The Moon’s surface is littered with lacerations. Created by boulders that were sent rolling by an asteroid or seismic event, these grooves helped scientists during the Apollo era to determine whether the lunar soil and gravel could support a massive lander or rover. But in the 47 years since humans last walked on the Moon, this technique of “boulder tracking” has lain dormant. Now a team of planetary scientists is reviving it, but this time, their search focuses on the boulders that plummet into craters that have never been warmed by the Sun’s rays. The findings could influence missions to these largely unexplored areas, said Hannah Sargeant, a graduate student at The Open University in the UK, who presented the team’s work at the recent Lunar and Planetary Science Conference in Houston (see pdf).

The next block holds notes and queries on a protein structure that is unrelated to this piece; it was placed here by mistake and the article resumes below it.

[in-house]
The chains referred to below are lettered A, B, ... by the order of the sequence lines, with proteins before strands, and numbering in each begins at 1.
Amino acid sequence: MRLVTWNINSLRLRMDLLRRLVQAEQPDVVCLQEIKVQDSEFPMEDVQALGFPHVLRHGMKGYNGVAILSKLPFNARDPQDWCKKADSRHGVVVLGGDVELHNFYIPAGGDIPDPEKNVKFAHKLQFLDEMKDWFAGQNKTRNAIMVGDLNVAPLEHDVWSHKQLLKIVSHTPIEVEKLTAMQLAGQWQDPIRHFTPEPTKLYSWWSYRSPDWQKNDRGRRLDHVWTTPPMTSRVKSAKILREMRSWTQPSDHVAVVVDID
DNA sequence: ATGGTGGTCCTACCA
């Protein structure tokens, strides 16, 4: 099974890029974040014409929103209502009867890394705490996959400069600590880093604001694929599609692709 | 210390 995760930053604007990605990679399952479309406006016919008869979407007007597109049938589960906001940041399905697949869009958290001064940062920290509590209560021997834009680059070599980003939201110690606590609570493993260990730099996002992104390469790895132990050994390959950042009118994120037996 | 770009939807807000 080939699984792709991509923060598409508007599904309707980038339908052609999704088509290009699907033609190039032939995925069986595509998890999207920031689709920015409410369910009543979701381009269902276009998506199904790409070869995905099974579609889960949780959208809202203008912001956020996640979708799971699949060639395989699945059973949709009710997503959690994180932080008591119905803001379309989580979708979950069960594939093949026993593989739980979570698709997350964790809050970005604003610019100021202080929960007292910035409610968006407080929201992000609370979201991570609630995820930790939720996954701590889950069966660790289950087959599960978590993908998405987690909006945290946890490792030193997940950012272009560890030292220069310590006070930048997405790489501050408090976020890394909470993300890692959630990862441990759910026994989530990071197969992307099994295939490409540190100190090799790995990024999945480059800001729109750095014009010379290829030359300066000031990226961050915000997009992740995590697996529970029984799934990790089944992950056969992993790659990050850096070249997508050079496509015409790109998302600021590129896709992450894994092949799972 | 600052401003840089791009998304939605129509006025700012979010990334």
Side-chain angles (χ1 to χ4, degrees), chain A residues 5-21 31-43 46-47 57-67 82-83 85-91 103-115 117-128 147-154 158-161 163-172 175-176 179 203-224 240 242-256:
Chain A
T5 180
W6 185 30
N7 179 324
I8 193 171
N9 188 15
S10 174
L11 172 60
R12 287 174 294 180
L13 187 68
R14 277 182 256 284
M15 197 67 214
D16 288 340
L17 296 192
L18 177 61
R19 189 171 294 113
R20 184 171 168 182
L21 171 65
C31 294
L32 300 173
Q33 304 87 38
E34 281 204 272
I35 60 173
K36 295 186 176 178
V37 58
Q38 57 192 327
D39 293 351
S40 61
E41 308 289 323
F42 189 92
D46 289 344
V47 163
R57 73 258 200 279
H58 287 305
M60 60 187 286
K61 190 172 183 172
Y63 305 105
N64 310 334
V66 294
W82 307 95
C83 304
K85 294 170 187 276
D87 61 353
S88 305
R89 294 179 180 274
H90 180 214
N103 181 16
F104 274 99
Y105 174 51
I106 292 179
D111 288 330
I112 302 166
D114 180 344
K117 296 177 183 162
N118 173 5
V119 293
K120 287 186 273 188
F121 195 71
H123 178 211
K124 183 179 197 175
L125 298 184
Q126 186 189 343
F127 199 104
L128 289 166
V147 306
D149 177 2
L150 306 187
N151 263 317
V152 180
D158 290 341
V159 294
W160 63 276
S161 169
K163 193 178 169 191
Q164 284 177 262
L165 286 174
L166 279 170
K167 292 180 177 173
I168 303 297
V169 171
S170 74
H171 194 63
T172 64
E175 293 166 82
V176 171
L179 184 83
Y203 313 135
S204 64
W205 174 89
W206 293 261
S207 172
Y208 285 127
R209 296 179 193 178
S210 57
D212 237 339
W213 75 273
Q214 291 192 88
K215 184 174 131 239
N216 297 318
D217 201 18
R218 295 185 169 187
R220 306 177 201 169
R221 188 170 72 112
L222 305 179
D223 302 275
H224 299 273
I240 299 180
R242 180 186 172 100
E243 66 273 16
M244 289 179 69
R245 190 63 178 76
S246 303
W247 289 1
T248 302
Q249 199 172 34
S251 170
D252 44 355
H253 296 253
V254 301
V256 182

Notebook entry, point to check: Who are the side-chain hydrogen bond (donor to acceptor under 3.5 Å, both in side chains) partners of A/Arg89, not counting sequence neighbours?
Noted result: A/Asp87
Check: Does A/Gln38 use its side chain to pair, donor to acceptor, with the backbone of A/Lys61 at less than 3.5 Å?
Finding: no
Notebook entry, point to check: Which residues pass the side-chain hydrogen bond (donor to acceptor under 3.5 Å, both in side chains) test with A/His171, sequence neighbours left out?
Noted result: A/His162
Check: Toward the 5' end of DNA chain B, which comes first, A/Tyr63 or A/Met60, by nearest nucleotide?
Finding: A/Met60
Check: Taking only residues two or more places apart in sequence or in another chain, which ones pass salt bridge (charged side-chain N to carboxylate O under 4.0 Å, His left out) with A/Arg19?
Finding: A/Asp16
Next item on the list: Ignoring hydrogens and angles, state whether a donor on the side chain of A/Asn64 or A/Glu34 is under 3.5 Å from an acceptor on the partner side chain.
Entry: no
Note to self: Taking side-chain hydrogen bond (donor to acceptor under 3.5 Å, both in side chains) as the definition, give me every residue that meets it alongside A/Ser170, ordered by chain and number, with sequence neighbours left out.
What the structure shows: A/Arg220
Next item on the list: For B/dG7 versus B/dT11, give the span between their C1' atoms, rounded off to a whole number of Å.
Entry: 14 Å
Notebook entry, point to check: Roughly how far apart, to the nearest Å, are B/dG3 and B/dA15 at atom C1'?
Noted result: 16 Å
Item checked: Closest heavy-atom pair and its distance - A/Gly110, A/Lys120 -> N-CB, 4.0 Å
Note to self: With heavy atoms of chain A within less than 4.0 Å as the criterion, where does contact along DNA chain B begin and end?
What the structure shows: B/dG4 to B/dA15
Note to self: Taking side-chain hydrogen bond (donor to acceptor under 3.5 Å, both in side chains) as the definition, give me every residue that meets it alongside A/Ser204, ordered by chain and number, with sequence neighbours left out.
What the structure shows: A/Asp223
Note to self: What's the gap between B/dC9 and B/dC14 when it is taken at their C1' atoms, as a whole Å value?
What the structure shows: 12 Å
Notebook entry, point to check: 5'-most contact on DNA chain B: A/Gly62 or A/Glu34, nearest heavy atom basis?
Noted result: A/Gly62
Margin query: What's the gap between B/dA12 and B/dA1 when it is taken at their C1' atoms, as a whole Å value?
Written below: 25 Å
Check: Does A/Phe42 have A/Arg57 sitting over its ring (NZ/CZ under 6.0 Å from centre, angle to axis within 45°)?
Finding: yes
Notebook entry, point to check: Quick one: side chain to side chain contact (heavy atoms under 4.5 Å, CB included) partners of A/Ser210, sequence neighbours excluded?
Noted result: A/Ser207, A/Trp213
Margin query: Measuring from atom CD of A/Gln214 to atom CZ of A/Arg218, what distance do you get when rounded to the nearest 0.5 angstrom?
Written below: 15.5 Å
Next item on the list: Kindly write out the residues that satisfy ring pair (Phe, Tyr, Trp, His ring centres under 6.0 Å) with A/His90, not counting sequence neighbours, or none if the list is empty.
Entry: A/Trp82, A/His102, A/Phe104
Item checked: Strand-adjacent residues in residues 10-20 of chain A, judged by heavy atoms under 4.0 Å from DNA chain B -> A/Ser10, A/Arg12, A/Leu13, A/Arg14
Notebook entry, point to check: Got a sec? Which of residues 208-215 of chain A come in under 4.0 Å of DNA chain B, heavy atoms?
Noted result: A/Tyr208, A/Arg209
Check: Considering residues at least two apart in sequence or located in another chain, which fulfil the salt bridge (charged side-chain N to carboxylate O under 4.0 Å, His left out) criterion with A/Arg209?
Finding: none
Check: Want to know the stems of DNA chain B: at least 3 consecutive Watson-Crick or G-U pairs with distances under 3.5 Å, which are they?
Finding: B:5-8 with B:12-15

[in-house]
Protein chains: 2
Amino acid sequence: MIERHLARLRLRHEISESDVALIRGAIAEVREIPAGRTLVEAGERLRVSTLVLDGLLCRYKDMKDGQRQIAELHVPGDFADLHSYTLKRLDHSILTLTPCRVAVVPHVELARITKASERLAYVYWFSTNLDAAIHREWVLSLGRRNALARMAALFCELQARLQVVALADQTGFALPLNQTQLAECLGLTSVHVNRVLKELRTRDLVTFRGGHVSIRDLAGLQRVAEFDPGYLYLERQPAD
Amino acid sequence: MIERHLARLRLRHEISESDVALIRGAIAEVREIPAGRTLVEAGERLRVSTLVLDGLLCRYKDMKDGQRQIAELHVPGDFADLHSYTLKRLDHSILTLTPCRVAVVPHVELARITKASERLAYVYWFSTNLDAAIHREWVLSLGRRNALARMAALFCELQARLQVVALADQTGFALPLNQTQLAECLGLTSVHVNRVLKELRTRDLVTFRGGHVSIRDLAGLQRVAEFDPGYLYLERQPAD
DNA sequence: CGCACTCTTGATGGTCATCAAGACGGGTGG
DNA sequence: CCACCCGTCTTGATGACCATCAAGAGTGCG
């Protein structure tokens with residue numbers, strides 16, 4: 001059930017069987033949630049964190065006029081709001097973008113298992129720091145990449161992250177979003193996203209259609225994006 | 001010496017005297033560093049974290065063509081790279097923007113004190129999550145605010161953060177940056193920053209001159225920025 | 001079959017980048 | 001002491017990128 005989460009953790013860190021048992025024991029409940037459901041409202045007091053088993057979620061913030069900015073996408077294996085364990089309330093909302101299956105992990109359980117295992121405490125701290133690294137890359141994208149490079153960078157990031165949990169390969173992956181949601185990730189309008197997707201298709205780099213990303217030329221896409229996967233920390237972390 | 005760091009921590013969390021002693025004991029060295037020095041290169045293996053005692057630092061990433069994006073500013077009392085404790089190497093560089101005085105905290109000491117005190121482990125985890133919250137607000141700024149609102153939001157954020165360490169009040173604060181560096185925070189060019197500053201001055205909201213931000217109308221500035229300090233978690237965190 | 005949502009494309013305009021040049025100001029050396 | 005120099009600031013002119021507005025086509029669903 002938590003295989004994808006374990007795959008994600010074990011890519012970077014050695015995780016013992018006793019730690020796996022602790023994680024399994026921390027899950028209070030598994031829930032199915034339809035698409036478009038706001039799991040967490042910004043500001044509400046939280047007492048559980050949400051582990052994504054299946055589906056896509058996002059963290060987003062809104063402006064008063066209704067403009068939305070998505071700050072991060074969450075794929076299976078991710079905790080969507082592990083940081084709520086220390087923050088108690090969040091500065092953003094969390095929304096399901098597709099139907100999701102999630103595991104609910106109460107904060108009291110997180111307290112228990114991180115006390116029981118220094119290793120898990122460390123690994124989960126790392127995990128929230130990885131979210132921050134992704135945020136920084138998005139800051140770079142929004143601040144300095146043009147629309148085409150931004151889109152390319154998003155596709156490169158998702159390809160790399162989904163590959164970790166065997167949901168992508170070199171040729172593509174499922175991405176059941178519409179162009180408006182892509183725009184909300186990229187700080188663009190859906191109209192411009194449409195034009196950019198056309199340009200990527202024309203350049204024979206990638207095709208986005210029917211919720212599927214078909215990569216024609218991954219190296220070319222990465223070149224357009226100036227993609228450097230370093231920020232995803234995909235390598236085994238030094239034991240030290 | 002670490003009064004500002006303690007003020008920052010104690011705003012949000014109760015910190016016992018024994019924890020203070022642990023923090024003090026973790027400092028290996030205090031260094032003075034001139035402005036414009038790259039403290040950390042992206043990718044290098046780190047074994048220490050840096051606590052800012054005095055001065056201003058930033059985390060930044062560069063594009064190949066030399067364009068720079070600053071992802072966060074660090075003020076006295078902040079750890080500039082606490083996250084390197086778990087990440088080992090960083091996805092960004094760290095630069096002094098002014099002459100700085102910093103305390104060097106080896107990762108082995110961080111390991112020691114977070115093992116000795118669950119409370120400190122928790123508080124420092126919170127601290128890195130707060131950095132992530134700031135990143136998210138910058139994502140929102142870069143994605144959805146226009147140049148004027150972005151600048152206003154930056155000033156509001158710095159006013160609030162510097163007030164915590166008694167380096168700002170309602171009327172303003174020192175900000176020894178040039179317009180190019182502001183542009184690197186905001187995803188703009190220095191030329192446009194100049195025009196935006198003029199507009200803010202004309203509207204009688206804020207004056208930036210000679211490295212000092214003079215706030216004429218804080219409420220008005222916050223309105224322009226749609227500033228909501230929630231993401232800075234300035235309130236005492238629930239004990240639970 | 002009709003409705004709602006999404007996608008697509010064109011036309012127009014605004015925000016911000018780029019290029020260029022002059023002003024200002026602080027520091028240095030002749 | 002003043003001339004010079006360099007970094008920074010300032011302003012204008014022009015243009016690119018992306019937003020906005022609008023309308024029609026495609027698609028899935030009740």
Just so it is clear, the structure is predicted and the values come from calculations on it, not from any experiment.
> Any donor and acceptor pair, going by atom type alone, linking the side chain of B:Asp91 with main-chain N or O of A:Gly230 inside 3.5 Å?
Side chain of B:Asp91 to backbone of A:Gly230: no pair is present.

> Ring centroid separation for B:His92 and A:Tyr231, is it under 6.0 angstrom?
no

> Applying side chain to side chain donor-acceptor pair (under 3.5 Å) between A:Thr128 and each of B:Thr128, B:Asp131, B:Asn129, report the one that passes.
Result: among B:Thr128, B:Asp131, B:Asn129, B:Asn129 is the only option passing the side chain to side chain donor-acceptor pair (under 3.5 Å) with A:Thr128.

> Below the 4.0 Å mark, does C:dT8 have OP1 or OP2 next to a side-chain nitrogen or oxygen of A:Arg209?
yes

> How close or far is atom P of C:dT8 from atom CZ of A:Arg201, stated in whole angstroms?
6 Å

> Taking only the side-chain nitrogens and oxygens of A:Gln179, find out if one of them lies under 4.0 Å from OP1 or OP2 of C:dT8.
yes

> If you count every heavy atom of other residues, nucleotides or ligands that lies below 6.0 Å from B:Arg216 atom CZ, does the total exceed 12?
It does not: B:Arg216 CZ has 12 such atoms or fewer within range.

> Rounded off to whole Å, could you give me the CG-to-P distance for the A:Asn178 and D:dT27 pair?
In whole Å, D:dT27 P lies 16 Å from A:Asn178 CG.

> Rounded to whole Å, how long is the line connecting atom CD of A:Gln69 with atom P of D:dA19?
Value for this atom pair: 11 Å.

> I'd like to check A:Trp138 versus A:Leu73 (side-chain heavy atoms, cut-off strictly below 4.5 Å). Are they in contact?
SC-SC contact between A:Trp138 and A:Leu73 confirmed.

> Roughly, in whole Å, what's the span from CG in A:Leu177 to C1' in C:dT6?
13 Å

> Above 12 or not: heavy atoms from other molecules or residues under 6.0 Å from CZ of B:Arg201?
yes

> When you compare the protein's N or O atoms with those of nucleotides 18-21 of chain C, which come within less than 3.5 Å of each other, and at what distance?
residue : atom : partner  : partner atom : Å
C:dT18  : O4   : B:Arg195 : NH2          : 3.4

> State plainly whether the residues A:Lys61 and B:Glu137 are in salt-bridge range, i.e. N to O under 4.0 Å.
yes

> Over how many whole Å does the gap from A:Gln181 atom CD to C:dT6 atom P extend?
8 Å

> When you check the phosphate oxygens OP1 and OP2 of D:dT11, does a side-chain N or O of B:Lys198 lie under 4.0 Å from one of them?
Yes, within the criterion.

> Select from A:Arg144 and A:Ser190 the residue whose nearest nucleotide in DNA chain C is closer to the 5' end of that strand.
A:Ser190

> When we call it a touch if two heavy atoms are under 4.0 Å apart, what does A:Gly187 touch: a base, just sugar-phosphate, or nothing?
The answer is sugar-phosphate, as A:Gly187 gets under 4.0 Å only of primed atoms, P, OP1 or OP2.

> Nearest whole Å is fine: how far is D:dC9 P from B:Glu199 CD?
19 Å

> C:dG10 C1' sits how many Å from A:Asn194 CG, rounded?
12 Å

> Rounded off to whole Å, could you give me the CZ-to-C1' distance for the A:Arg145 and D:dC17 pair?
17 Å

The gloomy depths of the Moon’s permanently shadowed regions (PSRs)—the insides of craters that never point toward the Sun—rarely heat to above a few tens of degrees Kelvin. Such dark and inhospitable environments may be unobvious candidates for future missions to the Moon. But their bone-chilling landscapes make them perfect habitats for trapping and storing life-giving water, and satellite data confirmed last year that water ice exists in PSRs.

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